I got the inspiration from an episode of the recent BBC series Food and Drink. The first episode featured Michel Roux Jr. and Tom Kerridge making their perfect pork roast (clip available here for those in the UK). I decided to test their method and follow it exactly.
We bought a 700g pork loin, with crackling, which was all the butcher had (note: will use different butcher next time), although it ended up being enough. As per Roux’s instructions, I ladled boiling water over the crackling at the beginning in order to shrink it. After seasoning, the meat is roasted for about ten minutes on high heat (210C), and then around 160C until done (mine was in for about 30 minutes. Parts were still pink and it was tender). Before resting the meat, Roux recommends taking off the crackling and putting it back in the oven for about 10 minutes. I did so, but was still not pleased with the result. In my previous attempt, the crackling was too hard, and it was this time too. I do not know where I am going wrong or if that is normal. It was certainly too hard for us to enjoy.
After some last-minute texting with M., I threw together a gravy, which turned out surprisingly well.
The roasted veggies (potatoes, carrots, cauliflower) were done to perfection I have to say. I did the potatoes Roux’s way: boiling, drying, sealing(?)/frying, and then roasting. I added garlic cloves to the mix of veg and they really did come out very well.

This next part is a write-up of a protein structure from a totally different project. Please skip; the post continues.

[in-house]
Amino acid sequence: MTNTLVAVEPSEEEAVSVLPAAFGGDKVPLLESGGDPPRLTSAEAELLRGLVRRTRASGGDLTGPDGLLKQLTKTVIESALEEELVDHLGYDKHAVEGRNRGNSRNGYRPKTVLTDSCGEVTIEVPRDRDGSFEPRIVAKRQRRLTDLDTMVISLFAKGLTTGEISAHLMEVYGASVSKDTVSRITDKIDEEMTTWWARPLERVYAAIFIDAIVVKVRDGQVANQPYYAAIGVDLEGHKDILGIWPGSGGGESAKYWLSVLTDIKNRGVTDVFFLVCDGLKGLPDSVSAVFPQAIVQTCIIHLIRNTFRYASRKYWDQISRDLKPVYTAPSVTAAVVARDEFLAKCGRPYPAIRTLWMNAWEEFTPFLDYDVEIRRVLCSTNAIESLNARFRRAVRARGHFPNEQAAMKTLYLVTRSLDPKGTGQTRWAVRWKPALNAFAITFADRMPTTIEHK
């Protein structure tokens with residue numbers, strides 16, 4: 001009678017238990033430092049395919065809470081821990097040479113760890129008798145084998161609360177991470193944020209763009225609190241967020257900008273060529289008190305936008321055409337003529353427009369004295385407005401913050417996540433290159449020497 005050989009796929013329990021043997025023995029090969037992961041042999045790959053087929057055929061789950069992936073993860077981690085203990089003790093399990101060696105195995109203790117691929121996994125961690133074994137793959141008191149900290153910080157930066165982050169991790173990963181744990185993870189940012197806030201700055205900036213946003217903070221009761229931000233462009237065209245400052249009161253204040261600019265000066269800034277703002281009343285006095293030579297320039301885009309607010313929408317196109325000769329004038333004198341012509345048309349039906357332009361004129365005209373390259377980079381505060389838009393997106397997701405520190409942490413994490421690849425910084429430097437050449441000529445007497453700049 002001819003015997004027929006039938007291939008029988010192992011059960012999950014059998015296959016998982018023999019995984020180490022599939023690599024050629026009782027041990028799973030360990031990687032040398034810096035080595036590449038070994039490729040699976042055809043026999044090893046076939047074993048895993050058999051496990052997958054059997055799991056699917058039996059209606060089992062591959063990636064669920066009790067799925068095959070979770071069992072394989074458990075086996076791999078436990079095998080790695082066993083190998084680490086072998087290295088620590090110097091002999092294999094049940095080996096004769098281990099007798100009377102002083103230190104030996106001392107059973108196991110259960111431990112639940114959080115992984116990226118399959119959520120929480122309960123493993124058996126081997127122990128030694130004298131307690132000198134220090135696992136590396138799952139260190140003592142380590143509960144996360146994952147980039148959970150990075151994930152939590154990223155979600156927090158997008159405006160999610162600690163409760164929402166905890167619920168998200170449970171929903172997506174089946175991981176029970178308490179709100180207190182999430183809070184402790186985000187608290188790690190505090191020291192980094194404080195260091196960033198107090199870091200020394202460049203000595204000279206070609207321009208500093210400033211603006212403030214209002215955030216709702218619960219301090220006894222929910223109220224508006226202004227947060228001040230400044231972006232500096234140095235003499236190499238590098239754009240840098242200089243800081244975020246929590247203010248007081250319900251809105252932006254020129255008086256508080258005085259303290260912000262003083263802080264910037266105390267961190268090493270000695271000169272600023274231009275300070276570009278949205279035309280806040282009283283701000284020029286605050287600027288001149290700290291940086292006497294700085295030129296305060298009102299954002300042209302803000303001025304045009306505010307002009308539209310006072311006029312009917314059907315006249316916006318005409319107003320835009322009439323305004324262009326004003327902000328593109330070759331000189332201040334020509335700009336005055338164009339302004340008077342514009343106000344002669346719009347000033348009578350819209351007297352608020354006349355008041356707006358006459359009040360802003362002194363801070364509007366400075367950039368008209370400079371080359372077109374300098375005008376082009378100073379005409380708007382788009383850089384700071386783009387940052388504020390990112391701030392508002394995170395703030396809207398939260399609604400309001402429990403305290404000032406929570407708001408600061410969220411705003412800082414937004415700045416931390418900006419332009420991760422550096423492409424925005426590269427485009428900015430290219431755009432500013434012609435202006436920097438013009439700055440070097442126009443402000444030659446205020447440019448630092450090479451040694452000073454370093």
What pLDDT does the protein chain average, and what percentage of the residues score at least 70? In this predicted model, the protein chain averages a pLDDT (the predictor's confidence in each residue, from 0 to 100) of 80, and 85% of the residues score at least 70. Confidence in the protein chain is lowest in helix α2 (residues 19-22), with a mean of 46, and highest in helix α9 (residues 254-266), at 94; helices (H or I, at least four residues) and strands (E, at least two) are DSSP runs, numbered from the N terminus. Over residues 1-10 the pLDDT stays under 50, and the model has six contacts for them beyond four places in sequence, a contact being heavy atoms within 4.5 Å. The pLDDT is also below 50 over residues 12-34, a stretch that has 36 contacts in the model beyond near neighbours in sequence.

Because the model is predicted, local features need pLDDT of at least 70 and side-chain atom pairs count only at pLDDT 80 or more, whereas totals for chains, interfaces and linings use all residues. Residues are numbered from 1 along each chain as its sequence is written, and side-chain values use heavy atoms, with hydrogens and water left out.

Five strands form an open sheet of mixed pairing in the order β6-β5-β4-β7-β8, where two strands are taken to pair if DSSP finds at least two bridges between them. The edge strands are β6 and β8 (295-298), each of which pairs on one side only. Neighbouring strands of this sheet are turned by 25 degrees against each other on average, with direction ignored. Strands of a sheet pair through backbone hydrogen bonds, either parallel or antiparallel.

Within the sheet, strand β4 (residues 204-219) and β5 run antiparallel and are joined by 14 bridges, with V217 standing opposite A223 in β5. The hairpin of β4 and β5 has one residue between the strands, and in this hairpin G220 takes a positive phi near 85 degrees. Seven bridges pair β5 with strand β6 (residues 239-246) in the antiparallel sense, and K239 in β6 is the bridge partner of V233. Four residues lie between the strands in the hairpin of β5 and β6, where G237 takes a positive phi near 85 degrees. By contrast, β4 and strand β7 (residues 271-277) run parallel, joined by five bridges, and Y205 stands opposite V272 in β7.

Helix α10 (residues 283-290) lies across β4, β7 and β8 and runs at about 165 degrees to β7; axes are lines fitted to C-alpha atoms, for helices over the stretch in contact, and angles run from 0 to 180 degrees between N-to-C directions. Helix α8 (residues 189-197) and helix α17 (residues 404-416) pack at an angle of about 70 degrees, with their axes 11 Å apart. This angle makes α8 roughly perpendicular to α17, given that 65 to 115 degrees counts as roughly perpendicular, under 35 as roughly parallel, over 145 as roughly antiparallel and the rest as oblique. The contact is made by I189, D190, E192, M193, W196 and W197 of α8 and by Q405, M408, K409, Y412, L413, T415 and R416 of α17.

The only way to get better at something is to practice, so I will just have to start making more roasts. Next up will be Easter. 🙂
The Saturday Guardian has a new section called Cook. It’s largely reader submissions, but it’s fun to thumb through and see if anything catches your eye, which this one did about a month ago. This recipe (originally “cauliflower cheese and bacon risotto” – I added a comma!) comes from Paul Harvey of Brighton.
As far as risottos go, this is probably one of the easier ones I’ve made. To make, you simply cook both the cauliflower and bacon before preparing a risotto as normal. Add in the cauliflower, bacon, and cheddar at the end, and top with some chives (my addition). Note: Paul suggests using milk in place of stock. I was dubious about this as I thought it would be creamy enough with the addition of the cheese. I ended up compromising and alternated between stock and milk. Contrary to what he says, I don’t think the milk is necessary.
Both H. and I loved the risotto. The combination is excellent and very addictive (it did feature in the moreish section!). It also would be, dare I say, an excellent way to ‘hide’ vegetables if you had veggie-averse children (I do not).
Paul suggests rolling balls of leftover risotto and frying coated in breadcrumbs for leftovers – if you have any. We didn’t but it sounds like a great idea for next time.